My idea for repurposed materials is ___________________________________________________________
Nate got to use very nice tools when he got to college. He never had access to these tools before. Nate liked using the tools. He was also grateful that he had so many years without them because without them, he was forced to think creatively to build his ideas. The skills he developed as a child thinking creatively continued to help him as an adult.
Thinking creatively helped Nate become an inventor! Nate received the Lemelson-MIT Student Prize for his invention, the ATLAS powered rope ascender. Check out the video on how he invented the ascender.
Do you know Nate? Maybe you have seen him before since he is the television host of Design Squad on PBS. He’s grown up now. He cares a whole lot about helping kids learn to invent, even now as a business owner. Check out Design Squad Global and practice inventing. Watch Nate build a bicycle balance and learn some new science. Nate also lights up balloons for party decorations. Design Squad Global repurposes materials a lot. You can find many materials right in your own home. Check out the Global Challenge on Super Shoes. What will you invent?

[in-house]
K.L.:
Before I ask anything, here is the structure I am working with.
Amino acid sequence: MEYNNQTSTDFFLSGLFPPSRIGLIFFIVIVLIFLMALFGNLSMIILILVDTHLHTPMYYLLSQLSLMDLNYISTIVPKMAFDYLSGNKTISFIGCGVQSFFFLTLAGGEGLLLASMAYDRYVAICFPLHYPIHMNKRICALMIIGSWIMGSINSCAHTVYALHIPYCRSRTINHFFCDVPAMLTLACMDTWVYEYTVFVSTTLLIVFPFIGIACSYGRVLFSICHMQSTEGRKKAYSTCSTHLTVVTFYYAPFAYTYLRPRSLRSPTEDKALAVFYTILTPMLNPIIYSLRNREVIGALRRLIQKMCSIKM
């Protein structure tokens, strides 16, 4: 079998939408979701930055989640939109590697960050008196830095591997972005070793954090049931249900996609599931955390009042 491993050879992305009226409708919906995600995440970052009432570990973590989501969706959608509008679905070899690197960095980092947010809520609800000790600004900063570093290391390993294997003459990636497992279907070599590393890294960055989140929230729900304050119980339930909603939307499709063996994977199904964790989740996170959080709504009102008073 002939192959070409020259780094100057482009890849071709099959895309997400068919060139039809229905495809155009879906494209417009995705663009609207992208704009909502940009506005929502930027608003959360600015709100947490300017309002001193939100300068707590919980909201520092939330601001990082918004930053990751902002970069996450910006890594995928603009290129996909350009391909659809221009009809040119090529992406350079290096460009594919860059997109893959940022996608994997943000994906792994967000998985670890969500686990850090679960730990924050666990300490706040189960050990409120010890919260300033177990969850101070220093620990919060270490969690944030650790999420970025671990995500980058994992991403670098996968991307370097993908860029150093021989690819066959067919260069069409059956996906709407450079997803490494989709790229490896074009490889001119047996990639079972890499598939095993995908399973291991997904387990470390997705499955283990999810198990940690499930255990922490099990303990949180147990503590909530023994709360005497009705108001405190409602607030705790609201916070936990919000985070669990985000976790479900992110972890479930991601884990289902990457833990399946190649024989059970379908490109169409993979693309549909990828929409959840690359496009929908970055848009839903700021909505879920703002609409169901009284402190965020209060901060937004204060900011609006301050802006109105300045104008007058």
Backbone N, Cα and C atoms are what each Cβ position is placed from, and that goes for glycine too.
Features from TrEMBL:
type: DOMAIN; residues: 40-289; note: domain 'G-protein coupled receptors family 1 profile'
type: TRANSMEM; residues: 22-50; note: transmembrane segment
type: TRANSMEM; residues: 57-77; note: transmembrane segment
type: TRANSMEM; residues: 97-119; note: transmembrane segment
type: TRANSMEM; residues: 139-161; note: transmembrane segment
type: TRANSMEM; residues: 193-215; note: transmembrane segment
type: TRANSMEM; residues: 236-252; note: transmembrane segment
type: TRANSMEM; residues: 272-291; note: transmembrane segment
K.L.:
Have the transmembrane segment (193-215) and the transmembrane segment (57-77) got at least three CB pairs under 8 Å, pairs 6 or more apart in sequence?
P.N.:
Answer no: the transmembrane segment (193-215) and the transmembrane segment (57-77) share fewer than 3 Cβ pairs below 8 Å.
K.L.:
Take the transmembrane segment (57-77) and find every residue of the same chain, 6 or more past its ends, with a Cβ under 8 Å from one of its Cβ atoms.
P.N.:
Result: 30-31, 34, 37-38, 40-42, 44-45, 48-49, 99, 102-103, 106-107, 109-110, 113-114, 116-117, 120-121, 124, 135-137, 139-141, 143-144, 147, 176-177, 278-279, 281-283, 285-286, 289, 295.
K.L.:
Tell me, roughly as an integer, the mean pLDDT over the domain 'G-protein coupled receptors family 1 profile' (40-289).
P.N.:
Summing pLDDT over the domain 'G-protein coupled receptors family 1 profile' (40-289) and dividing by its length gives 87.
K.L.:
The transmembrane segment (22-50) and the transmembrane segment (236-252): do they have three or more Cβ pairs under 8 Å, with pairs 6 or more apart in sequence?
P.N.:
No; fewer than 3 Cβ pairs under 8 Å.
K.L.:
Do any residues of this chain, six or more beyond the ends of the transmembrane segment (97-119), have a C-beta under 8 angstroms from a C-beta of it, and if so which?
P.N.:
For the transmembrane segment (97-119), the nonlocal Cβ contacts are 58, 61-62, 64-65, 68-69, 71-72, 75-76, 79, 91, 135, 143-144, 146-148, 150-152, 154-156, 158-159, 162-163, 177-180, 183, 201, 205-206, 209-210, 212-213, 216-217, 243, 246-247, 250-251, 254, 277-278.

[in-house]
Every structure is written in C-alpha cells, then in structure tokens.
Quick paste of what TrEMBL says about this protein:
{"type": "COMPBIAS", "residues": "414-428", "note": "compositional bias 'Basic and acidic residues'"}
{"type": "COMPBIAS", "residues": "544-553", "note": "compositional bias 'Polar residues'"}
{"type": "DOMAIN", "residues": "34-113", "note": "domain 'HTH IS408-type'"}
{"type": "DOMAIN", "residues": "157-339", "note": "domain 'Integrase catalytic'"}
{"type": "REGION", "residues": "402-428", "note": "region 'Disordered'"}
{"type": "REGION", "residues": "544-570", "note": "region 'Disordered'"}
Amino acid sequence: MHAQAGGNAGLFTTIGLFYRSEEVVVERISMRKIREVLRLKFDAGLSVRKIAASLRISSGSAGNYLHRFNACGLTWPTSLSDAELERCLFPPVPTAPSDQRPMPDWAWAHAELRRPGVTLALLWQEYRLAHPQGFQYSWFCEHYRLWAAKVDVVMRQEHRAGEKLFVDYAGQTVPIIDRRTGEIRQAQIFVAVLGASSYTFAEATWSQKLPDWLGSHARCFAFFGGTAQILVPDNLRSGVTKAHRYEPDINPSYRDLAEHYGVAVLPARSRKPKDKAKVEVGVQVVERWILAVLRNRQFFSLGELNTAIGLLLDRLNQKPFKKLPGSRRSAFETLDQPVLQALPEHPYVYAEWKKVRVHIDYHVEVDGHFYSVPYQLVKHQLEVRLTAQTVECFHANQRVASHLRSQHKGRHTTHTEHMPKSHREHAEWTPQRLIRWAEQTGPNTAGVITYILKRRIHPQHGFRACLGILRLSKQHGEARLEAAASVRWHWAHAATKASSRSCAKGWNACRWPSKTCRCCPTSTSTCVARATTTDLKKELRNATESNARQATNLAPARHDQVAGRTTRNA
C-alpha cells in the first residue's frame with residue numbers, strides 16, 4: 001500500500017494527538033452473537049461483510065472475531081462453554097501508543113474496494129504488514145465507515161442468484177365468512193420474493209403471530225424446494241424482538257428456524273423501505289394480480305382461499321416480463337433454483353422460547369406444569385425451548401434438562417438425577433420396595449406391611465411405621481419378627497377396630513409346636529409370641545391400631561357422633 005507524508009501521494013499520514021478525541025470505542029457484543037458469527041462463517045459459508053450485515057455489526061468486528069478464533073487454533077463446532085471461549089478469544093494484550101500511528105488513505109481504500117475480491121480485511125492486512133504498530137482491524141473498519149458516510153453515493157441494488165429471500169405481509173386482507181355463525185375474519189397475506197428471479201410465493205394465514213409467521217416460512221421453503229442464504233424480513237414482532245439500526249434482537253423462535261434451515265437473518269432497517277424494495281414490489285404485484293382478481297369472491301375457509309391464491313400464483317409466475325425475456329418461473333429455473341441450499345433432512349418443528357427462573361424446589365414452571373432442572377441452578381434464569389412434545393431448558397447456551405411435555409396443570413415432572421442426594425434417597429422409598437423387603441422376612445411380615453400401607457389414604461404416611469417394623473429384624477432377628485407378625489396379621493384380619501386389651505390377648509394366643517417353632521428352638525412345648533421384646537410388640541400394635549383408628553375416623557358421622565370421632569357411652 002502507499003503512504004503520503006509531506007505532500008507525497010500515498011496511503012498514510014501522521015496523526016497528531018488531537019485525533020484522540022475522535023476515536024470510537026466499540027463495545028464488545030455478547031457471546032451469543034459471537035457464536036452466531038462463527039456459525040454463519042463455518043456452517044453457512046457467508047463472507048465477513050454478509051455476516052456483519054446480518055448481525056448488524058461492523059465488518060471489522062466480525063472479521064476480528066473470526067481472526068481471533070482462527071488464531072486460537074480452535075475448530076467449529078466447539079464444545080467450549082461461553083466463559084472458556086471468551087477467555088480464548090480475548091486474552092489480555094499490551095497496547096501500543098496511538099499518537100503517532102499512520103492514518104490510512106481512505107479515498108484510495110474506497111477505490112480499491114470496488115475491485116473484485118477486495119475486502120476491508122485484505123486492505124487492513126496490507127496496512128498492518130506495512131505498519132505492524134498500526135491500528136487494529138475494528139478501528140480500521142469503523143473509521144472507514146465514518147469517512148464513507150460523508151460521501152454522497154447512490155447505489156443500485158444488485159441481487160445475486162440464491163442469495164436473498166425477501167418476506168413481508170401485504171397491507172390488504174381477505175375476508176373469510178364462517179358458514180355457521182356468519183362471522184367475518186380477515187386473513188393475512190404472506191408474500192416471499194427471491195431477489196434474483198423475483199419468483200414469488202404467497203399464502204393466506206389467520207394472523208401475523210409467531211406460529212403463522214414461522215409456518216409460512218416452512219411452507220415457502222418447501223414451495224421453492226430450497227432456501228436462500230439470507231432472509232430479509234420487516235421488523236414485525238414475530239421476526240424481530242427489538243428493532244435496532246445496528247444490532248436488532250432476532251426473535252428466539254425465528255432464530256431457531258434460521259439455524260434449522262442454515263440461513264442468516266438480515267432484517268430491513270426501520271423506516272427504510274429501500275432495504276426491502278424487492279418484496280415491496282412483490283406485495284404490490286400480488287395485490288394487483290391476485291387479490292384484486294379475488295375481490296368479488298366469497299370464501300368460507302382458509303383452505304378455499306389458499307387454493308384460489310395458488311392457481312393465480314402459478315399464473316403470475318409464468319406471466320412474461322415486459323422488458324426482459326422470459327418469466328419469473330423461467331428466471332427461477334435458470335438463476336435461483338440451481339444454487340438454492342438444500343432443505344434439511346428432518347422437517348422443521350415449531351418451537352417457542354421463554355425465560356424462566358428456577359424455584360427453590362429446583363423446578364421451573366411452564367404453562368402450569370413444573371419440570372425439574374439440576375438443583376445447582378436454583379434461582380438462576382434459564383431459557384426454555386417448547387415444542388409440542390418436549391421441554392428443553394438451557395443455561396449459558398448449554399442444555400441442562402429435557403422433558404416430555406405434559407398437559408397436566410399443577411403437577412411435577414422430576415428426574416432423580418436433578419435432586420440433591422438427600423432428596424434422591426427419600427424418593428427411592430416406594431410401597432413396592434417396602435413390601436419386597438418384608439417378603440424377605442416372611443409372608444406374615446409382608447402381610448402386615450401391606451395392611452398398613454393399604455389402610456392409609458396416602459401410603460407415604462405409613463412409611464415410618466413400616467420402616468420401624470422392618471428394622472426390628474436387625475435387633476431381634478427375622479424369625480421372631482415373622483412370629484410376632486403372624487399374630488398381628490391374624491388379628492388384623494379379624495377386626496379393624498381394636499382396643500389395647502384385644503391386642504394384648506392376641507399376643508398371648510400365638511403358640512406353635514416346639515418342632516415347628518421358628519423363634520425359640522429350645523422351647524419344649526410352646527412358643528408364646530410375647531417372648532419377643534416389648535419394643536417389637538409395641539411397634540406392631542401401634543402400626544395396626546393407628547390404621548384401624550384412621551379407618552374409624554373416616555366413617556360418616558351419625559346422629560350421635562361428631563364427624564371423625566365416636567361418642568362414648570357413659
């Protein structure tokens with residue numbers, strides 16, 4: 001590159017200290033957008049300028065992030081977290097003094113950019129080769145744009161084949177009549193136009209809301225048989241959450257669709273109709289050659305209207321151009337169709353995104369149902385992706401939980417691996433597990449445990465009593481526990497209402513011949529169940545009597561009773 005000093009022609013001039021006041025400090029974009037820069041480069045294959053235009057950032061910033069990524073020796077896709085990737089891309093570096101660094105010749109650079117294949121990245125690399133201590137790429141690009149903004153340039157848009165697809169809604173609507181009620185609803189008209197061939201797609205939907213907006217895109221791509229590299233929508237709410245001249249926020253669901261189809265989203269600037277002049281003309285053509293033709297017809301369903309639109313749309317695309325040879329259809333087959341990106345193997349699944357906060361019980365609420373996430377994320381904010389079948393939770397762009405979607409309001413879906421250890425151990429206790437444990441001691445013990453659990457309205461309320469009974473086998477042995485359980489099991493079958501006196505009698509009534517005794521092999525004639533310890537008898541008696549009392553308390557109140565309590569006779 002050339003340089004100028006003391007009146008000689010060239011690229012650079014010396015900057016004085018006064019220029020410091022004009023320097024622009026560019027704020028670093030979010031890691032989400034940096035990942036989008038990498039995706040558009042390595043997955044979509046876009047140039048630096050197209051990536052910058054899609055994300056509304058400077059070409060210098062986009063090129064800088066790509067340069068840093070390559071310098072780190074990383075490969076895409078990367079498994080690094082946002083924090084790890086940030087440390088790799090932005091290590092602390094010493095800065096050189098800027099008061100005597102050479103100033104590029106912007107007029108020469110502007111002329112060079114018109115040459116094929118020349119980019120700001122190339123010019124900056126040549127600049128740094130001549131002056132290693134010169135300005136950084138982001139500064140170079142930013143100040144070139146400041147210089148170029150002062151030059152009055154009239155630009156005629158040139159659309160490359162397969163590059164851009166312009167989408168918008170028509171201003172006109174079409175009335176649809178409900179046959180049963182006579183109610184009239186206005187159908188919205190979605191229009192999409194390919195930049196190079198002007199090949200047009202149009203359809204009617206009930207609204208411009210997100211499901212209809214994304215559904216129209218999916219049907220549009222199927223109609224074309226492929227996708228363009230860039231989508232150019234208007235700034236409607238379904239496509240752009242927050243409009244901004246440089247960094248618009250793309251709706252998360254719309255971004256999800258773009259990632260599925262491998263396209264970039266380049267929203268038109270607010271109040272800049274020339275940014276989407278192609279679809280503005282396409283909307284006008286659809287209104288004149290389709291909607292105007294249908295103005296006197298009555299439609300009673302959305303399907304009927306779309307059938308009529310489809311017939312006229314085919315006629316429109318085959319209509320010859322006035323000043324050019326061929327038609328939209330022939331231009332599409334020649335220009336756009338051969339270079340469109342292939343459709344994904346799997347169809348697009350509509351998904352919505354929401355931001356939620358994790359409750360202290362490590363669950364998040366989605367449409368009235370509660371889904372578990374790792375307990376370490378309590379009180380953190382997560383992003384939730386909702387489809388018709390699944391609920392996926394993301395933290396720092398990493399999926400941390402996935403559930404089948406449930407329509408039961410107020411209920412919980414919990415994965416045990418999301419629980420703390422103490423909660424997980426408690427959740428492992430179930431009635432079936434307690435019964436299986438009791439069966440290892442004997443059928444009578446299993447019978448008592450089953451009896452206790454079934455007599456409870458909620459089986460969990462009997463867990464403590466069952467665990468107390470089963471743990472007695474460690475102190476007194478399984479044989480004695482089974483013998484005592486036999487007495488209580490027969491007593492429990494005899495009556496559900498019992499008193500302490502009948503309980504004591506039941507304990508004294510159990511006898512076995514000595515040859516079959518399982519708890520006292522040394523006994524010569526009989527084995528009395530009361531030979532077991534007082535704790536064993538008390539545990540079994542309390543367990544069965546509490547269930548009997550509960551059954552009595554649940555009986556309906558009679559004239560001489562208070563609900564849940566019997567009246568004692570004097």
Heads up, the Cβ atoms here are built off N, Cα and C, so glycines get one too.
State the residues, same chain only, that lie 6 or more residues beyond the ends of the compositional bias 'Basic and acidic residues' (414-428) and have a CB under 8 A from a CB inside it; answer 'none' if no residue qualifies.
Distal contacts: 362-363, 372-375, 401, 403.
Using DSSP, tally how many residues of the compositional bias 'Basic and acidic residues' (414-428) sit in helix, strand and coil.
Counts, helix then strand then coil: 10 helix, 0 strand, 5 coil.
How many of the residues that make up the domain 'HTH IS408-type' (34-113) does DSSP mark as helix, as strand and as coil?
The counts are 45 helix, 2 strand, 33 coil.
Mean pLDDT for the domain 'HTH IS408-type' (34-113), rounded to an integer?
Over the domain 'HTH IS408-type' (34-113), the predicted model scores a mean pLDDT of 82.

Extend the Learning
- Literacy Extension for Children in Grades K–2: Not a Box by Antoinette Portis
- Literacy Extension for Children in Grades 3–5: What Do You Do With an Idea by Kobi Yamada
Math and Literacy Extension for Children in Grades K–2: